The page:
Science laboratories in education were first used sometime in the late 1800s. Since then, their purpose has changed. A very brief discussion of the purposes of this pedagogic tool will help understand the present ambiguous state of science labs and why the debate over their use in online learning creates such different opinions.
The first chemistry laboratory at Yale (1847) was strictly for the use of scientists. Students were not allowed into it.
John Stuart Mill and William Whewell, in the middle 19th century set up definitions of science as an inductive pursuit with careful observations. From these facts, scientists cautiously draw conclusions, set forth hypotheses, and test them.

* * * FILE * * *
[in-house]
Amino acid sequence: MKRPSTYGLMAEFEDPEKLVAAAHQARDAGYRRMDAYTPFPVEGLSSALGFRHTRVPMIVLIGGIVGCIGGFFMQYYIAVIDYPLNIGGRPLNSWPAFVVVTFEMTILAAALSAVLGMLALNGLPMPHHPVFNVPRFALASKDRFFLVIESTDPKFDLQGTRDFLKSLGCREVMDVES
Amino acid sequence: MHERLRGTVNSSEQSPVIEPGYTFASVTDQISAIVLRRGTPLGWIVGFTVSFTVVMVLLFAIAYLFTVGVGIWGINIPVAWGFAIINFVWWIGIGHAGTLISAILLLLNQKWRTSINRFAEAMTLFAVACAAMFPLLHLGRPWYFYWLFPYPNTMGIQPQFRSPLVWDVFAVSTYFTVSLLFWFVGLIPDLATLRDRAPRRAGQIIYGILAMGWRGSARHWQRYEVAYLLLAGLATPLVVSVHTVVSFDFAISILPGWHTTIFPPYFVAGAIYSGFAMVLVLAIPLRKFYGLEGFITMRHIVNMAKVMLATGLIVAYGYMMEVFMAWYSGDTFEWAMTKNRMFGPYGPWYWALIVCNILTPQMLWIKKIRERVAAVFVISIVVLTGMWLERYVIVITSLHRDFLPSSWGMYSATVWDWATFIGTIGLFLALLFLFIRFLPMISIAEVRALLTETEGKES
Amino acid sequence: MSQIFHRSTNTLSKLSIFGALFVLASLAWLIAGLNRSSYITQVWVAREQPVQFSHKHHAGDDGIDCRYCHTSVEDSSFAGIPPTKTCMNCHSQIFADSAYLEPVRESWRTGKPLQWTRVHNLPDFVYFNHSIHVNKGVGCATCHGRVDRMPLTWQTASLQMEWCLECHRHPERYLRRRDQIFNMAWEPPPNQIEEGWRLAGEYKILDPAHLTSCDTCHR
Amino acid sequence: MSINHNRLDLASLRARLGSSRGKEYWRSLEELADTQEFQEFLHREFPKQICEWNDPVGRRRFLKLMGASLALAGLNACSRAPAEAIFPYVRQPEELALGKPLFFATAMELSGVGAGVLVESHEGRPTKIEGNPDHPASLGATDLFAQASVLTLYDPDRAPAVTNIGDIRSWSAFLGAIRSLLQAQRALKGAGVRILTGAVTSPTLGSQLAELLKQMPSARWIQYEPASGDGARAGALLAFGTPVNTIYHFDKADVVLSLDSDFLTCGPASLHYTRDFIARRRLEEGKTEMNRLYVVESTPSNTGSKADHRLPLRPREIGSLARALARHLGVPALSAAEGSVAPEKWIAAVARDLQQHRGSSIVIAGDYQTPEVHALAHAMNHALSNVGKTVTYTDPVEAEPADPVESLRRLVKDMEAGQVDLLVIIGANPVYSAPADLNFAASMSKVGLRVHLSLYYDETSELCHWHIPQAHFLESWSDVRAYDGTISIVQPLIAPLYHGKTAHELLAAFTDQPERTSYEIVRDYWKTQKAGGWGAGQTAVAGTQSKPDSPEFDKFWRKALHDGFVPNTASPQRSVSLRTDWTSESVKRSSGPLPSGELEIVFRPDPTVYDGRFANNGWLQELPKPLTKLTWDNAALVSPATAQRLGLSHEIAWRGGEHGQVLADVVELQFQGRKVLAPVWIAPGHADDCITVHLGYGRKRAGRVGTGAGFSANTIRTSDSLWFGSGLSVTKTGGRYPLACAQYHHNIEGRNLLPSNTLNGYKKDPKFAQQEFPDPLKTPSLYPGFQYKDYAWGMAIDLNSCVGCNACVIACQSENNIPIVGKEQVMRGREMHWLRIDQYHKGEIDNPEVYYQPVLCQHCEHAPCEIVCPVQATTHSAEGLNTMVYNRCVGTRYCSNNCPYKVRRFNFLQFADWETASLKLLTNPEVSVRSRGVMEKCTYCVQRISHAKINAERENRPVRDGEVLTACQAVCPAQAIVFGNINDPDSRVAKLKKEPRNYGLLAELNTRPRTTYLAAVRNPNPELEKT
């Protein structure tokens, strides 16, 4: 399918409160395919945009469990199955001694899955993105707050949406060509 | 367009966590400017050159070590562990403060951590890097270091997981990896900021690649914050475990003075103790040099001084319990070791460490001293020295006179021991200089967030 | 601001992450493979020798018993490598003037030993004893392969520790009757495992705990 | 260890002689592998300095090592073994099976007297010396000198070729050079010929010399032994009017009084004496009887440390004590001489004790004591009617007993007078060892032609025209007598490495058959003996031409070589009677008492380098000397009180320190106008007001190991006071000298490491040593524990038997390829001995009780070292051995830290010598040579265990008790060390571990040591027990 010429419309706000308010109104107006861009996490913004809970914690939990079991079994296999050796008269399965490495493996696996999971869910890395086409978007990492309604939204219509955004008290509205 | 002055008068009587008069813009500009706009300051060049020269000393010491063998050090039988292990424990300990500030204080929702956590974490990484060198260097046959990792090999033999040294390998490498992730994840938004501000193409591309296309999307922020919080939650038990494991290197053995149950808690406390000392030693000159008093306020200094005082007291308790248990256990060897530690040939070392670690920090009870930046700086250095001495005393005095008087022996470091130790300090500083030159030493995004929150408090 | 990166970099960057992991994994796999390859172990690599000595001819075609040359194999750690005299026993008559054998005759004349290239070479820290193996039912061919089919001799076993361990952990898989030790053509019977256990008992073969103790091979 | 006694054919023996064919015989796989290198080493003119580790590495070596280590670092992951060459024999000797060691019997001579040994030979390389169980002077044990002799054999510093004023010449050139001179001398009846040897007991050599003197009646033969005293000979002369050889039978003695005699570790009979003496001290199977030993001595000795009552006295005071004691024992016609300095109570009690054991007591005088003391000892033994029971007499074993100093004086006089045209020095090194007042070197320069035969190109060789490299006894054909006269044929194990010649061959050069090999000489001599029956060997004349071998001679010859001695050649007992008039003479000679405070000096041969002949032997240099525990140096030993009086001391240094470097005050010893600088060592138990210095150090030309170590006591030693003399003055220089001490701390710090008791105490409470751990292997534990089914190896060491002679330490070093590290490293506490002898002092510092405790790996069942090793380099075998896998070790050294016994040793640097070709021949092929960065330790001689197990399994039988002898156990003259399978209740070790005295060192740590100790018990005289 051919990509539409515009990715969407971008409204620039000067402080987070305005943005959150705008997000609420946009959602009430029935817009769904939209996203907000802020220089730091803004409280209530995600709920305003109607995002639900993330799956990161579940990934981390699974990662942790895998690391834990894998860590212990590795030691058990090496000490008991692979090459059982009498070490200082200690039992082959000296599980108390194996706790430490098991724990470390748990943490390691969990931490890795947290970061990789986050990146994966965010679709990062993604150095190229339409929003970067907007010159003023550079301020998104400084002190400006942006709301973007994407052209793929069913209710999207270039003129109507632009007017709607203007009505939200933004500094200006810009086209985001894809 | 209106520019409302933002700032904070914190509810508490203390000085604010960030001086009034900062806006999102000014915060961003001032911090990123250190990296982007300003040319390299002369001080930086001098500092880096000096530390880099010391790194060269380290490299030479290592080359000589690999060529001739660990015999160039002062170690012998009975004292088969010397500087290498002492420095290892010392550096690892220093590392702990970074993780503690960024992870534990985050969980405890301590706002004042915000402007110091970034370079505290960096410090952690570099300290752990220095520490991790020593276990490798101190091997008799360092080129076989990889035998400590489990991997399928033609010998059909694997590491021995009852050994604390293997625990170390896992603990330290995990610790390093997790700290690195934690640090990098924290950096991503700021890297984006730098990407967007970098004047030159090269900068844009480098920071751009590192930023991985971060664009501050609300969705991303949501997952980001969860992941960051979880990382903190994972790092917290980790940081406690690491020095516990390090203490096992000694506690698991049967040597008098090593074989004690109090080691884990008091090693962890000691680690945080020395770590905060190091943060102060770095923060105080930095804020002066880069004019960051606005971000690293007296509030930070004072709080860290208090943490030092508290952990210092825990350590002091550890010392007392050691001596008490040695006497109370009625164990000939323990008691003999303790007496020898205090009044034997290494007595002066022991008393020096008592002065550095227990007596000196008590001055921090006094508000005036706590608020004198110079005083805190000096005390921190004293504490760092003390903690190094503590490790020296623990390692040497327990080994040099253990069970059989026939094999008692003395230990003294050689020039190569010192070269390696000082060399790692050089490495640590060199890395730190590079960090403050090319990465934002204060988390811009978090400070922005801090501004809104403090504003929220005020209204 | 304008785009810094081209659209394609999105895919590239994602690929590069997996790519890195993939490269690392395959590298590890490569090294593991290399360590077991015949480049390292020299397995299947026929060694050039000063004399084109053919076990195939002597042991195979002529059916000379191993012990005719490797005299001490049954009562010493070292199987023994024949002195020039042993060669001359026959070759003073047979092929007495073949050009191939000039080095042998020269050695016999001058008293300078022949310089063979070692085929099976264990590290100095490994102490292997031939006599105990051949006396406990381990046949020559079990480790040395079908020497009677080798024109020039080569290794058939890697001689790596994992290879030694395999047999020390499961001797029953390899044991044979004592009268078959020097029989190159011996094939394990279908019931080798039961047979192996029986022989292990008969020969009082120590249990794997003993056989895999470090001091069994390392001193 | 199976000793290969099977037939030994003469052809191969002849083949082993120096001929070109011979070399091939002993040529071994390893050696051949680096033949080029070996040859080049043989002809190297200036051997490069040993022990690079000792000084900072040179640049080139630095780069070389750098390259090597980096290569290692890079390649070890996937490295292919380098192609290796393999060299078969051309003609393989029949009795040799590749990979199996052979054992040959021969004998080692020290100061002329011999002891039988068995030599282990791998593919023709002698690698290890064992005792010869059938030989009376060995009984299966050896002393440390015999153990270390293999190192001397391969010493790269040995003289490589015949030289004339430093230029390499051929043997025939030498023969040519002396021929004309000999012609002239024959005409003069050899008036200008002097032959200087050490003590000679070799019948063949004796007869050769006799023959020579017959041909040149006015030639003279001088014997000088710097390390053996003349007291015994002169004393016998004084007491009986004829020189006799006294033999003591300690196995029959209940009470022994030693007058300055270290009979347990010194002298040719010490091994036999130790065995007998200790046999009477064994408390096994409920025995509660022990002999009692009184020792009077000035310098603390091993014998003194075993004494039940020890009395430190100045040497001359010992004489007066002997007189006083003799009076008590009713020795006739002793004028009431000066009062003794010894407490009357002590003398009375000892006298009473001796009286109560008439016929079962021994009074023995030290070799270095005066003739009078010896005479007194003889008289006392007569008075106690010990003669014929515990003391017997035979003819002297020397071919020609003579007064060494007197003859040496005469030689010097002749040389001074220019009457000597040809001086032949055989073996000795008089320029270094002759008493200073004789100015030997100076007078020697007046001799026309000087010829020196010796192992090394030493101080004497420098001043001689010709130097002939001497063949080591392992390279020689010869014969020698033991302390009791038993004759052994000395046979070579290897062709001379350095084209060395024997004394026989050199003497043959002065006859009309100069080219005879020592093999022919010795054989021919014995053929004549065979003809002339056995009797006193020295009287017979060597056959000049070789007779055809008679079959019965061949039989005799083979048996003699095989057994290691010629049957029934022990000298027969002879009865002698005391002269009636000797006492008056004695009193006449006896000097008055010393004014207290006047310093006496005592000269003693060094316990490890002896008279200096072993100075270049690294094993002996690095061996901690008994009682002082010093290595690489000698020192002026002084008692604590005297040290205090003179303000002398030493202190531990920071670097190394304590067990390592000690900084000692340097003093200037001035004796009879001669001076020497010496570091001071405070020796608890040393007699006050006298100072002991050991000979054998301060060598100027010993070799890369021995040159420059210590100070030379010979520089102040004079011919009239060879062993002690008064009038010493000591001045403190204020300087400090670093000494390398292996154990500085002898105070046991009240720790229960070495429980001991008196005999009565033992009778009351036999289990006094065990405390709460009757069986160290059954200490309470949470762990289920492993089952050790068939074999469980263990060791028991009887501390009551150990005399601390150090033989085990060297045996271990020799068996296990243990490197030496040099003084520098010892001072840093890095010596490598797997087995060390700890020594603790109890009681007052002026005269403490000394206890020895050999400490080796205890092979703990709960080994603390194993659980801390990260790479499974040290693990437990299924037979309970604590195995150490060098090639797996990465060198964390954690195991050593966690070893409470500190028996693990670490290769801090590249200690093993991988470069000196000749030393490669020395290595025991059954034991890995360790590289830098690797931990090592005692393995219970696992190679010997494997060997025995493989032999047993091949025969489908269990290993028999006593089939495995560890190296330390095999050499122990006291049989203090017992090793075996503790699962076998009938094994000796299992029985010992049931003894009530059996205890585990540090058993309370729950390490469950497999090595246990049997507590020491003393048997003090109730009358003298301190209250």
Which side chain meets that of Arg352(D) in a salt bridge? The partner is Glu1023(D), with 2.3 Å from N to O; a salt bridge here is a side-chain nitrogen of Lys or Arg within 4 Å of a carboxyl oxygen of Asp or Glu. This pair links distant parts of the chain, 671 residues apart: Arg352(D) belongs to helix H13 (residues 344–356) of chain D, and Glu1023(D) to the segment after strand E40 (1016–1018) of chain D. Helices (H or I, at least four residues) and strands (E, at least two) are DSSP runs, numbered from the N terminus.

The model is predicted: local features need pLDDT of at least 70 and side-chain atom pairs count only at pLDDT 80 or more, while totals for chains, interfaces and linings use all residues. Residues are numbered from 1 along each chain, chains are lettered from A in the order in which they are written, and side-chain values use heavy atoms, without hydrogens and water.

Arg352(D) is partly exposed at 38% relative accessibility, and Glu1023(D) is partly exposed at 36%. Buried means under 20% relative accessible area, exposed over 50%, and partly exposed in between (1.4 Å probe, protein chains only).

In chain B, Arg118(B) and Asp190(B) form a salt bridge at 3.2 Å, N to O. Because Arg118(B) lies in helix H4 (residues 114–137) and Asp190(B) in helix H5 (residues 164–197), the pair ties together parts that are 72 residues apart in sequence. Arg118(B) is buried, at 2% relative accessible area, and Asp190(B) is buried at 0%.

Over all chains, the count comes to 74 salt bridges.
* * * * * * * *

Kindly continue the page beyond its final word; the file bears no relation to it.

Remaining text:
In the 1880s, universities began to allow students into their laboratories for the purposes of advanced scientific study. Soon, student scientific laboratories sprang into being - even in some high schools. We can imagine that these laboratories concentrated on teaching procedures and techniques that would be essential in a continuing scientific career.
Science courses in schools at that time only taught rote memorization of words, laws, and formulas. Students sat in lectures and read textbooks.
We have the technology to put real experiments on the Internet. I know because I've done it 150 times already. Each of the prerecorded real labs has a number of real experiments ready to use. These labs don't use simulations; they don't use Flash; they don't fool students into believing that science is absolutely precise.